Consumer ALERT: Disinfecting wipes are loaded with pesticides
(NaturalHealth365) The choice to employ antibacterial and disinfecting wipes to clean dirty surfaces seems like a no-brainer. Not only are wipes convenient to use, fairly inexpensive and pleasantly scented, but they give the user the reassuring conviction that pathogens and dangerous microbes are being killed.
For most unsuspecting buyers of these wipes, that would seem like a win-win scenario, right? Unfortunately, nothing could be further from the truth!
Exposing the sickening truth about disinfecting wipes
It turns out that the U.S. Environmental Protection Agency (EPA) regulates all disinfecting wipes as pesticides – because they are. If a product label makes claims towards killing, controlling, repelling, mitigating or reducing a pest – which can mean germs – it is officially a pesticide, and subject to specific regulations.
According to the National Pesticide Information Center, wipe containers that say “EPA” on the label must include specific instructions on how to use the product to kill pests – as well as first aid instructions in case of accidental exposure.
And, many disinfecting wipes include some toxic ingredients, particularly quaternary ammonium compounds – or “quats” – which can cause asthma, allergies and irritation of the skin, eyes and lungs. The words “n-Alkyl dimethyl benzyl ammonium chloride,” “Alkyl C12-18” and “Alkyl C12-14” are all tipoffs to the present of quats.
Another compound found in some disinfecting wipes, ortho-phenylphenyl, can cause cancer. And chlorine bleach has been linked to asthma as well.
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Are your disinfecting wipes “premoistened?” If so, you can be assured that some type of chemical has been used to suppress bacterial growth in the package – including parabens, formaldehyde releasers and MI/MCI – all of which have been associated with adverse health effects.
Experts call for a sharp reduction in the use of disinfecting wipes
The Centers for Disease Control and Prevention (CDC) define “cleaning” as removing dirt and germs from surfaces, while “disinfecting” is the process of actively killing germs or inhibiting their growth.
And, in many cases, “cleaning” is just as effective. To the surprise of many, the U.S. Food and Drug Administration (FDA) has admitted that there is no evidence that cleaning with disinfectants is any better at preventing illness than cleaning with good old-fashioned soap and water.
Experts are now recommending that the use of disinfecting wipes be eliminated in standard offices and classrooms, and only used in specific areas – such as athletic mats and changing tables – or for certain situations, such as cleaning a cutting board exposed to raw meat, or wiping up bodily fluids from a contagious illness. In other words, they should only be used when their benefits will exceed their health hazards.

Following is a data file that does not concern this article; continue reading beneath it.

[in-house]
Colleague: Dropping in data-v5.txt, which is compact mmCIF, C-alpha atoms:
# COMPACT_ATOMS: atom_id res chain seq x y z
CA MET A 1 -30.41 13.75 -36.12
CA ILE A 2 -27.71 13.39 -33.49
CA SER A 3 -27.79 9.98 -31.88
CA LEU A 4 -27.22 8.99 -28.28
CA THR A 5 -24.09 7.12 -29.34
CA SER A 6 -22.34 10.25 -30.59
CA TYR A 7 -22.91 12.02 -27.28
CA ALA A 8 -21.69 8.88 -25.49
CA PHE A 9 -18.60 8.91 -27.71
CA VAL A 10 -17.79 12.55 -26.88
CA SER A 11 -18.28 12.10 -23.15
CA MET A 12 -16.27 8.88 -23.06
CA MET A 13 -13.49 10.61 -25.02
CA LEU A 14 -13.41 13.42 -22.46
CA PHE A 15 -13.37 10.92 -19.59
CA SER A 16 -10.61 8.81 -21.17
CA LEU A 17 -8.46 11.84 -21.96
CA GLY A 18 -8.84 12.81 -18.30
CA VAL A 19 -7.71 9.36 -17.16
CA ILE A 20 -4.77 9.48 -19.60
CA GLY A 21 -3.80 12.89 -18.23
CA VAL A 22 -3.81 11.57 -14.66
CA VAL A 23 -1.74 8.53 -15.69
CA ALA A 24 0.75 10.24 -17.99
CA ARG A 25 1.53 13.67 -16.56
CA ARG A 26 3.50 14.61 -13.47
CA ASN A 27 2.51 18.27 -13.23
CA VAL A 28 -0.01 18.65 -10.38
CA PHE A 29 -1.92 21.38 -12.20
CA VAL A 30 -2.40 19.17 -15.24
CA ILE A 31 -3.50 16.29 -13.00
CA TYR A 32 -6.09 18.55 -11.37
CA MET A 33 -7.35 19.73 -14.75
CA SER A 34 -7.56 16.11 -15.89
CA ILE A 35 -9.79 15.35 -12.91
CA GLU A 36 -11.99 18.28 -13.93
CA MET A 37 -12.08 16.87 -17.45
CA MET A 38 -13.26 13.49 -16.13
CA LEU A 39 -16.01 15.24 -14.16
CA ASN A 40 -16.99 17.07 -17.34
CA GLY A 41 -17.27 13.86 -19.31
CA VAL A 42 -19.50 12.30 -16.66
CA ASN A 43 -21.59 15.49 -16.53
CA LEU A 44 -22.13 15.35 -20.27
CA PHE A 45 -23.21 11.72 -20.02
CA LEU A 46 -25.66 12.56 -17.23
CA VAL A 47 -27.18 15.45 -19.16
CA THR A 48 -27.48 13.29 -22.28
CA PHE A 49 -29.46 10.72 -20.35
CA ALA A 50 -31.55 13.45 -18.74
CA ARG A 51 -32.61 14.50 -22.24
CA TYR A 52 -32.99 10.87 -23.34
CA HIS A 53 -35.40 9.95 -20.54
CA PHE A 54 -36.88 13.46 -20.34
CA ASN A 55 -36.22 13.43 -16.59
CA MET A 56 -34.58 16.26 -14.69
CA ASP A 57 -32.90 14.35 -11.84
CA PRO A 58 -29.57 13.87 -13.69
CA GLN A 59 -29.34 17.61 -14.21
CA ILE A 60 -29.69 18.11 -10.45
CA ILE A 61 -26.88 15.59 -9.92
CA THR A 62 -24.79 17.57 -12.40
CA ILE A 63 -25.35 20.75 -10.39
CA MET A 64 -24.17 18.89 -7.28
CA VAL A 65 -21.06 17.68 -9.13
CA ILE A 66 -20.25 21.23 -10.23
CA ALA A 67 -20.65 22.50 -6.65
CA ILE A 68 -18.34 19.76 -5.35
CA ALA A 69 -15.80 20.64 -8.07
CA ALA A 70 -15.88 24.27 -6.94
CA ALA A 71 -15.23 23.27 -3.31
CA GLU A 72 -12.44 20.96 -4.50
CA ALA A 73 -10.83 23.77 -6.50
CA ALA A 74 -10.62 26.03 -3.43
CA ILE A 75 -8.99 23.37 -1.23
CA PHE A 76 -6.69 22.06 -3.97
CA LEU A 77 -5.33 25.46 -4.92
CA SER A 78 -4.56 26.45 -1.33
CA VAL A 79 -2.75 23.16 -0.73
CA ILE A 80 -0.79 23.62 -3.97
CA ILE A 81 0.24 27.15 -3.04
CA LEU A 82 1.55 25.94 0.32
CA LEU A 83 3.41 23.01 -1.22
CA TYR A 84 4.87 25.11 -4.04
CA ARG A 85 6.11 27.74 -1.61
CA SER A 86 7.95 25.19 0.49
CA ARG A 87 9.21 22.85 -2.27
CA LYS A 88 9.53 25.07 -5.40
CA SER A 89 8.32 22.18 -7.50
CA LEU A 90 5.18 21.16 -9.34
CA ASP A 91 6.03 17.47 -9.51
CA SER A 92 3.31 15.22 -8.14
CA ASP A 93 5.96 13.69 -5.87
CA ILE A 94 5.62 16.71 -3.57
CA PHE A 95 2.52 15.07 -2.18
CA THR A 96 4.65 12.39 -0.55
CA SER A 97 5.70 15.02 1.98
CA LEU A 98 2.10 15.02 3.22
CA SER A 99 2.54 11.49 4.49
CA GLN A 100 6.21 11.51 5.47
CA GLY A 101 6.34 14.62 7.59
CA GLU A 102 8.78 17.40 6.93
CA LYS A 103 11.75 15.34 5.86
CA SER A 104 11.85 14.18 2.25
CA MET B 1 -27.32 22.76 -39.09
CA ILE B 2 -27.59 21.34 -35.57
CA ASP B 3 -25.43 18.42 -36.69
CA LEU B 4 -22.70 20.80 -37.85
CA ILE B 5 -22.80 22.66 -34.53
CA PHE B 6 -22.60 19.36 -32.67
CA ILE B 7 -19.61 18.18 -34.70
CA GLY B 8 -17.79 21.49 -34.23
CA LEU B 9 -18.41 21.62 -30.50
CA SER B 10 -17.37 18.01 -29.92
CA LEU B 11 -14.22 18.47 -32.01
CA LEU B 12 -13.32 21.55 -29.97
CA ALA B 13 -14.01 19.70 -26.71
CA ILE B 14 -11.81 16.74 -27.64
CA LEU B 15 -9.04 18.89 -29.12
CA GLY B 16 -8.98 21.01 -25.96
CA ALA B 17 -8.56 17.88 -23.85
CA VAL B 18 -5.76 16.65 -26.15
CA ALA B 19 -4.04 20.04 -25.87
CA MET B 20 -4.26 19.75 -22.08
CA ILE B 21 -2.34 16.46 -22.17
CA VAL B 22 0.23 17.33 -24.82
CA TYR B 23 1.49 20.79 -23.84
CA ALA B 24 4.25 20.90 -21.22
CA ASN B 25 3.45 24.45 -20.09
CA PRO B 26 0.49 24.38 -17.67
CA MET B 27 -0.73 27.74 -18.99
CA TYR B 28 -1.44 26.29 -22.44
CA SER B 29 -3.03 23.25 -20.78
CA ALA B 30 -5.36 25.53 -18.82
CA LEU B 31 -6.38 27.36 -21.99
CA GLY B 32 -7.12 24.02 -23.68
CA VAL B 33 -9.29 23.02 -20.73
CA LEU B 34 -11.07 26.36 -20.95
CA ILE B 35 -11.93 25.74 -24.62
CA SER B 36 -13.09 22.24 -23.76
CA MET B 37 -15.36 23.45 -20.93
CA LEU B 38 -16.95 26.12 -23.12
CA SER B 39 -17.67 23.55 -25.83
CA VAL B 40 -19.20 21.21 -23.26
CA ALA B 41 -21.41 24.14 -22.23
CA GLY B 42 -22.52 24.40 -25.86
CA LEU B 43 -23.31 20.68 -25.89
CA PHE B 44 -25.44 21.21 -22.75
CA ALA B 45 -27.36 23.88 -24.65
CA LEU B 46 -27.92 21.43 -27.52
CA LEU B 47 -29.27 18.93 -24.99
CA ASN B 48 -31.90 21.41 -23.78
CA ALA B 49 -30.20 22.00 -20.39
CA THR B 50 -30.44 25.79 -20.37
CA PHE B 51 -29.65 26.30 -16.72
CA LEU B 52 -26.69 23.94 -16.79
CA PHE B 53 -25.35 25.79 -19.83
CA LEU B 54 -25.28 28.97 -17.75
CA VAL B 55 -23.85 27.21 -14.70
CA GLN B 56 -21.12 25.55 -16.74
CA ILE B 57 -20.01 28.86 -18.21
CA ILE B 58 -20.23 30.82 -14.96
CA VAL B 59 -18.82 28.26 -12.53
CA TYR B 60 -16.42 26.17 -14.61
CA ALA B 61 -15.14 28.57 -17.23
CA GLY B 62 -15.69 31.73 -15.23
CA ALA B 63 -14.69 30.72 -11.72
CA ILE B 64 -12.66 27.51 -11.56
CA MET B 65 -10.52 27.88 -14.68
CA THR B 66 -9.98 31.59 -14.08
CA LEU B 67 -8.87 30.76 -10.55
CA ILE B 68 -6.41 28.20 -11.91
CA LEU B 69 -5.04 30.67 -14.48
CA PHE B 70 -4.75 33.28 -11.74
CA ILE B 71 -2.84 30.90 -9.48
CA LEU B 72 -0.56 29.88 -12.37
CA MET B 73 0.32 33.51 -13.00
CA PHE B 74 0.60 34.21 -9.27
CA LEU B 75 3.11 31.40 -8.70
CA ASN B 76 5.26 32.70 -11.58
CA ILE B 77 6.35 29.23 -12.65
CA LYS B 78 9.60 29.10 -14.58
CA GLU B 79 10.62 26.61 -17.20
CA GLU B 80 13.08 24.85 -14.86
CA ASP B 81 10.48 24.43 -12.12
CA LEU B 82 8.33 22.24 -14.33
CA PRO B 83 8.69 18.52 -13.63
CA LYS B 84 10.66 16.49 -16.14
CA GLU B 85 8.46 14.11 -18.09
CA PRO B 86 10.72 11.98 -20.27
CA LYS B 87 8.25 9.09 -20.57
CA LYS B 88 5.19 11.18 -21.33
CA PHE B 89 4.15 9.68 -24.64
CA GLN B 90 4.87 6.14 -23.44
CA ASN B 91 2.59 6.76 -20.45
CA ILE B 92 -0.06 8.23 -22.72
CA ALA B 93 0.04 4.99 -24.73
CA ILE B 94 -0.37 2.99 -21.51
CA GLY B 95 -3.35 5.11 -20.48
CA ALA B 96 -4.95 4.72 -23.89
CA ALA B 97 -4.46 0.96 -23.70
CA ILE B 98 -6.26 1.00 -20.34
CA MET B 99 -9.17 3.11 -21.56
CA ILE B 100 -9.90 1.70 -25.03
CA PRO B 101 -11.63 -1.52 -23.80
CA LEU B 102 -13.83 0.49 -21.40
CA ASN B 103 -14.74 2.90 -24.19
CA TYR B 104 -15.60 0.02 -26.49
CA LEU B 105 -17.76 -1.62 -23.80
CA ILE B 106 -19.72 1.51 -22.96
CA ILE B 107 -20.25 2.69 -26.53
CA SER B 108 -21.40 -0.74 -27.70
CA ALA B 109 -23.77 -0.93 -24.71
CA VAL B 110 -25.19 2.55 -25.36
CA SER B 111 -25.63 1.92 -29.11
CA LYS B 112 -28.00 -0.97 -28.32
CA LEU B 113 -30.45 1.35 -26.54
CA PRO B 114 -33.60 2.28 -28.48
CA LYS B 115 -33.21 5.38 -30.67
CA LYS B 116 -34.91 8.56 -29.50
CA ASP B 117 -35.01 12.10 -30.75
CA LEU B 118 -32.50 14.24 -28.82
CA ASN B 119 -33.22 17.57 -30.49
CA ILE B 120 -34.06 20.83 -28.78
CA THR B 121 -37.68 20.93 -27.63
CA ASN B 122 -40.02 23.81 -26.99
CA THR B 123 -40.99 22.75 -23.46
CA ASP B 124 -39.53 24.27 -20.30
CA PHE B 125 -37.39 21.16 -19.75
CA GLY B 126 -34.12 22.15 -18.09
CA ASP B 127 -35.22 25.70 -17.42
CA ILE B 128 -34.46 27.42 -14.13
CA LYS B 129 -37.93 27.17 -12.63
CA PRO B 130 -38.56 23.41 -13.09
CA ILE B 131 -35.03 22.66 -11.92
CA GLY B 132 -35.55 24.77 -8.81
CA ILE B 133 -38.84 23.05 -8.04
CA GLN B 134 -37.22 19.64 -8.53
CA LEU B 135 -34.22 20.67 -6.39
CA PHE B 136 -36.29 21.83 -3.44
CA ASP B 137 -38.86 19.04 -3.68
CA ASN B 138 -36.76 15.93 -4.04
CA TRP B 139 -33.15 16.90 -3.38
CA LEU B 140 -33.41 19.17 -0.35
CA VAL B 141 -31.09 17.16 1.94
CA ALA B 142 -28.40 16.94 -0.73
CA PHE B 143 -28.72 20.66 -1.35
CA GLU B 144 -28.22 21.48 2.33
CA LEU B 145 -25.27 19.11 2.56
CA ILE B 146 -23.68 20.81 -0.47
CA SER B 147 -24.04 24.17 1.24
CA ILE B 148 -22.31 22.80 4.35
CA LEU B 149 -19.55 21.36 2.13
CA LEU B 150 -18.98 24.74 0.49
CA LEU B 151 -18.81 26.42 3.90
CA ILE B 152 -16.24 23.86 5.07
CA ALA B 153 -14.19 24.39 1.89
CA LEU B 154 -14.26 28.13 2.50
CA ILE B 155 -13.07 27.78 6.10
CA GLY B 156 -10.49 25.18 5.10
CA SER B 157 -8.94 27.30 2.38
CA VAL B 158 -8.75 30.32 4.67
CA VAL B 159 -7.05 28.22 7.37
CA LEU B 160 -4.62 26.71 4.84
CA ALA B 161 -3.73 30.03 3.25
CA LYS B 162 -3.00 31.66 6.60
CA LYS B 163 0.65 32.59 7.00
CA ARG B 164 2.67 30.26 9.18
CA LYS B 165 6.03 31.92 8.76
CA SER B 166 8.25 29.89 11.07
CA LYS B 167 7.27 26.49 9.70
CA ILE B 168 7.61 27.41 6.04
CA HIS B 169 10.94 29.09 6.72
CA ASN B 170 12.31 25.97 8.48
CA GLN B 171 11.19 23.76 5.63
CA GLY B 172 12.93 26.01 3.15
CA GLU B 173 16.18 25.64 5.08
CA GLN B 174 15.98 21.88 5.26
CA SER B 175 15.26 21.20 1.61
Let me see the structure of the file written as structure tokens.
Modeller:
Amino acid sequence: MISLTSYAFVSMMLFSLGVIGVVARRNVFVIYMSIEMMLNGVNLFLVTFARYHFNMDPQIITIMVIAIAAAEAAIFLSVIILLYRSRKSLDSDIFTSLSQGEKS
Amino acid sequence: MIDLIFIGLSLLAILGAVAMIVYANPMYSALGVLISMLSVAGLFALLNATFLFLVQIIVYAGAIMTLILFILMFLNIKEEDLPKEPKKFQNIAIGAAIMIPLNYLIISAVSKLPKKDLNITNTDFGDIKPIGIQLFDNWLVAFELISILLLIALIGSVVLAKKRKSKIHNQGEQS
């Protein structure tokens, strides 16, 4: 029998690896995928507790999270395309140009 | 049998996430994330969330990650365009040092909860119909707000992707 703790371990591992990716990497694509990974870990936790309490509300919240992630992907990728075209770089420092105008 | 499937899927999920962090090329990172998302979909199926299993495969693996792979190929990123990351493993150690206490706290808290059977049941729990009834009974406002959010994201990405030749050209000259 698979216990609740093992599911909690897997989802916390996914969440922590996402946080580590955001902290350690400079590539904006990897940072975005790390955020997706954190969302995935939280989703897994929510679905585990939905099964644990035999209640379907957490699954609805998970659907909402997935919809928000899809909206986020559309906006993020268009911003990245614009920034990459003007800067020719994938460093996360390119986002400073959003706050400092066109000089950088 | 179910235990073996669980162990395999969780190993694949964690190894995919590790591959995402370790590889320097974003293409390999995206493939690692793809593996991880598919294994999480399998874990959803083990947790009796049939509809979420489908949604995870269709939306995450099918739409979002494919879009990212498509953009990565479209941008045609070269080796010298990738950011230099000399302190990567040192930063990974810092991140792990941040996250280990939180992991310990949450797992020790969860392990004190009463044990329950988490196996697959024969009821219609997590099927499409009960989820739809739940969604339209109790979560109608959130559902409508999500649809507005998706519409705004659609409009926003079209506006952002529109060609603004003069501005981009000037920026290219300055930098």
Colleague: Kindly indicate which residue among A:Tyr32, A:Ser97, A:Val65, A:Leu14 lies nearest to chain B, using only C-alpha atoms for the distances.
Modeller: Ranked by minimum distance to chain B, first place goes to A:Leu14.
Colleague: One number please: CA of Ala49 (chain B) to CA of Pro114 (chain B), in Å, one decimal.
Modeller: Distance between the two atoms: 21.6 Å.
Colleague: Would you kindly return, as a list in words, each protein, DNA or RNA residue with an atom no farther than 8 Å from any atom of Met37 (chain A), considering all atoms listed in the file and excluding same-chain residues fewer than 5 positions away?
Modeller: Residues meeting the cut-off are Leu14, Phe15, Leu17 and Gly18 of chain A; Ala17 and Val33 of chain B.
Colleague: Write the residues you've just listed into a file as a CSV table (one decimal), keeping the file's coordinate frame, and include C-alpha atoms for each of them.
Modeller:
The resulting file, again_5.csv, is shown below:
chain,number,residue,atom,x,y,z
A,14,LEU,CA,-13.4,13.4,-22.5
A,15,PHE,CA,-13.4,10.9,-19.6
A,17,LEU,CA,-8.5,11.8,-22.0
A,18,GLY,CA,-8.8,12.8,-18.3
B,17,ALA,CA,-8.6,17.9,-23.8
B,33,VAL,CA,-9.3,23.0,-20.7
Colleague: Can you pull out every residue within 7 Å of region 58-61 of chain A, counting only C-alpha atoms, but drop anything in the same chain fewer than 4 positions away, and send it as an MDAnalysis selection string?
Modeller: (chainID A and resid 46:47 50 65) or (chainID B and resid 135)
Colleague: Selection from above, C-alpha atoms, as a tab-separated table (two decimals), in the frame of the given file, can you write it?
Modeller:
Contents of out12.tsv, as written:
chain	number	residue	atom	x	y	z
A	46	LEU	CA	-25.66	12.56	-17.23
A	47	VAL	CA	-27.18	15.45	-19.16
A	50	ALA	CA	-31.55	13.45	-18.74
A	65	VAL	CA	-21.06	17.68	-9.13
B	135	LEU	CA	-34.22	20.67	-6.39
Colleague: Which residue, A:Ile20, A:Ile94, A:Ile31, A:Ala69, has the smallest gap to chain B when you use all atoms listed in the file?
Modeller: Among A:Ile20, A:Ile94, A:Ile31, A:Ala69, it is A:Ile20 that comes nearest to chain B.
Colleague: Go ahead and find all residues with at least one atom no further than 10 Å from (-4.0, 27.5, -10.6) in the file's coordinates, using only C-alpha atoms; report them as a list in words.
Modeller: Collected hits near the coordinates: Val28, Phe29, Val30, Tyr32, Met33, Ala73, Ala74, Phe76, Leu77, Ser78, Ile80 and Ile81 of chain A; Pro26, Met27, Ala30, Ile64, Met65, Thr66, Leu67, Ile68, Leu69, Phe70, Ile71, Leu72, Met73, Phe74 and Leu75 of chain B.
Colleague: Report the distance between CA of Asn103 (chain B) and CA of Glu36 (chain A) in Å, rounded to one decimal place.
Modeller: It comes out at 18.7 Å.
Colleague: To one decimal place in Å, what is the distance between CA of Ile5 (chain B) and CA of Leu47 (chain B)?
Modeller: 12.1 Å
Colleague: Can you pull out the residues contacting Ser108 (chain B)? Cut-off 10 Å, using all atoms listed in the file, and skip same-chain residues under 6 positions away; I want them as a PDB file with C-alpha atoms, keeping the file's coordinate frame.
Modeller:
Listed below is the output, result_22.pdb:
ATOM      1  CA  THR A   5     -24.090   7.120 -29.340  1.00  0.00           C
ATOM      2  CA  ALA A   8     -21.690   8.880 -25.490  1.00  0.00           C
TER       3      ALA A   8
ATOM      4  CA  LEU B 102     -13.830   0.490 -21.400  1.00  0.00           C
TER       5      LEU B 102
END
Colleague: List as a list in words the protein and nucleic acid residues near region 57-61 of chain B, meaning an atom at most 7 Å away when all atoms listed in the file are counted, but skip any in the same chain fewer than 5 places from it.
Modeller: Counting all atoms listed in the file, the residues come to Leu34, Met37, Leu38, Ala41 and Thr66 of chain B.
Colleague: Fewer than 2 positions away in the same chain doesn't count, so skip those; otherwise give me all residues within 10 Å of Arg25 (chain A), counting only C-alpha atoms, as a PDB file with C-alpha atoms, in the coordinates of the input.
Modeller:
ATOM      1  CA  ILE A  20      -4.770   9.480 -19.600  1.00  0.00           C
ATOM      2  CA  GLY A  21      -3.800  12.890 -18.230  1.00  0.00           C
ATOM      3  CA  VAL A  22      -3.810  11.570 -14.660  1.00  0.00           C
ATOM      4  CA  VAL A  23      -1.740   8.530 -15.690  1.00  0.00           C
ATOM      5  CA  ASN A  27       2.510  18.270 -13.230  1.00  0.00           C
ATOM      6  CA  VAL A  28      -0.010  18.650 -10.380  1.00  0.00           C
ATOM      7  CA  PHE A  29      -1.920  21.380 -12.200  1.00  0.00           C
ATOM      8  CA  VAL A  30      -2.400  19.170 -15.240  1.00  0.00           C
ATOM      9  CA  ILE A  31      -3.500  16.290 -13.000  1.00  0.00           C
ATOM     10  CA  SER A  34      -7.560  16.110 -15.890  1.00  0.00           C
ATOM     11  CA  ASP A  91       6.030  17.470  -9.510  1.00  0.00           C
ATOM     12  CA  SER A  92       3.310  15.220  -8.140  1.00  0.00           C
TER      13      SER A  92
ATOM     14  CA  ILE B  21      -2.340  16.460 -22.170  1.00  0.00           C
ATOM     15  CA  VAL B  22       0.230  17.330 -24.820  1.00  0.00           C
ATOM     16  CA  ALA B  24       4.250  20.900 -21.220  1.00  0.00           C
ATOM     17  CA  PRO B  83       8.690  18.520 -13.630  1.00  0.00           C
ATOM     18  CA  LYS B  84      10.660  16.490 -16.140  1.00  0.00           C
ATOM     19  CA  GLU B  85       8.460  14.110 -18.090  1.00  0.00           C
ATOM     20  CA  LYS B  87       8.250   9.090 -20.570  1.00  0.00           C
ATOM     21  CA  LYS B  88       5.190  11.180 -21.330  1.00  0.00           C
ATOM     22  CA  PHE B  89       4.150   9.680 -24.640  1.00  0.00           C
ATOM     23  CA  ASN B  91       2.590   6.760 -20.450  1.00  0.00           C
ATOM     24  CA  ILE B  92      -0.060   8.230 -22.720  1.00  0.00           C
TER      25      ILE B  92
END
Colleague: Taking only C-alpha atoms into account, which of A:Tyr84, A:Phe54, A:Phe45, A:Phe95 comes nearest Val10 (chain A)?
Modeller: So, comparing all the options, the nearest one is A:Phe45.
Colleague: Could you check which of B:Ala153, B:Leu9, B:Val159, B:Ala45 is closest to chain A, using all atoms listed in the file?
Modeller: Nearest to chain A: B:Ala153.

Children are particularly vulnerable to the hazards of pesticides in disinfecting wipes, due to their still-developing organs and smaller size. According to Healthy Schools, Inc., a non-profit organization that fosters environmental health in schools, children should never use disinfecting wipes.
Another excellent reason to avoid disinfecting wipes is the “hygiene hypothesis:” the fact that exposure to some living bacteria actually helps to strengthen the immune system. Scientists report that excessive use of disinfectants is actually contributing to the development of “superbugs” – microbes that are resistant to antibiotics.
Important to note: the rise of superbugs, such as MRSA, has been labeled a global public health crisis by the World Health Organization.
Substitute non-disinfecting wipes for routine cleaning
Instead of disinfecting wipes, you can use wet paper towels, good old fashion soap and water or essential oils in a spray bottle to clean surfaces – as well as hands.
When germs absolutely must be put on the run, experts recommend opting for certified “green” cleaning products and safer substances, such as hydrogen peroxide, lactic acid, caprylic acid and citric acid. The Environmental Working Group, a non-profit environmental organization, also advises the use of thymol – the active constituent in oil of thyme.
Of course, frequent hand-washing is one of the most effective ways to control germs and the spread of infection.
A final word of caution about disinfecting wipes
If you have to use a disinfecting wipe, keep in mind: not only are disinfecting wipes being used excessively, but experts say they are being used improperly.
Merely swiping them across a surface is not sufficient, because most disinfectants require a “dwell time” – in which they stay in contact with the surface for a full ten minutes – to effectively kill microbes.
(When’s the last time you saw anyone leave a disinfecting wipe or a cleaning product on a surface for that amount of time?)
In addition, the disinfected surface must be rinsed with water afterwards – and the object should be washed thoroughly before being used again. Disinfecting wipes should never be used on skin, and you should also wash your hands with soap and water after using them.
Finally, don’t use the same wipe on multiple surfaces – which can spread germs from one surface to another.
With an average of 20,116 cases of pesticide poisoning being treated in healthcare facilities every year, there’s no reason to expose ourselves to the hazards of even more toxins lurking in disinfecting wipes. With the exception of rare instances, it’s time to show them the door.
Sources for this article include: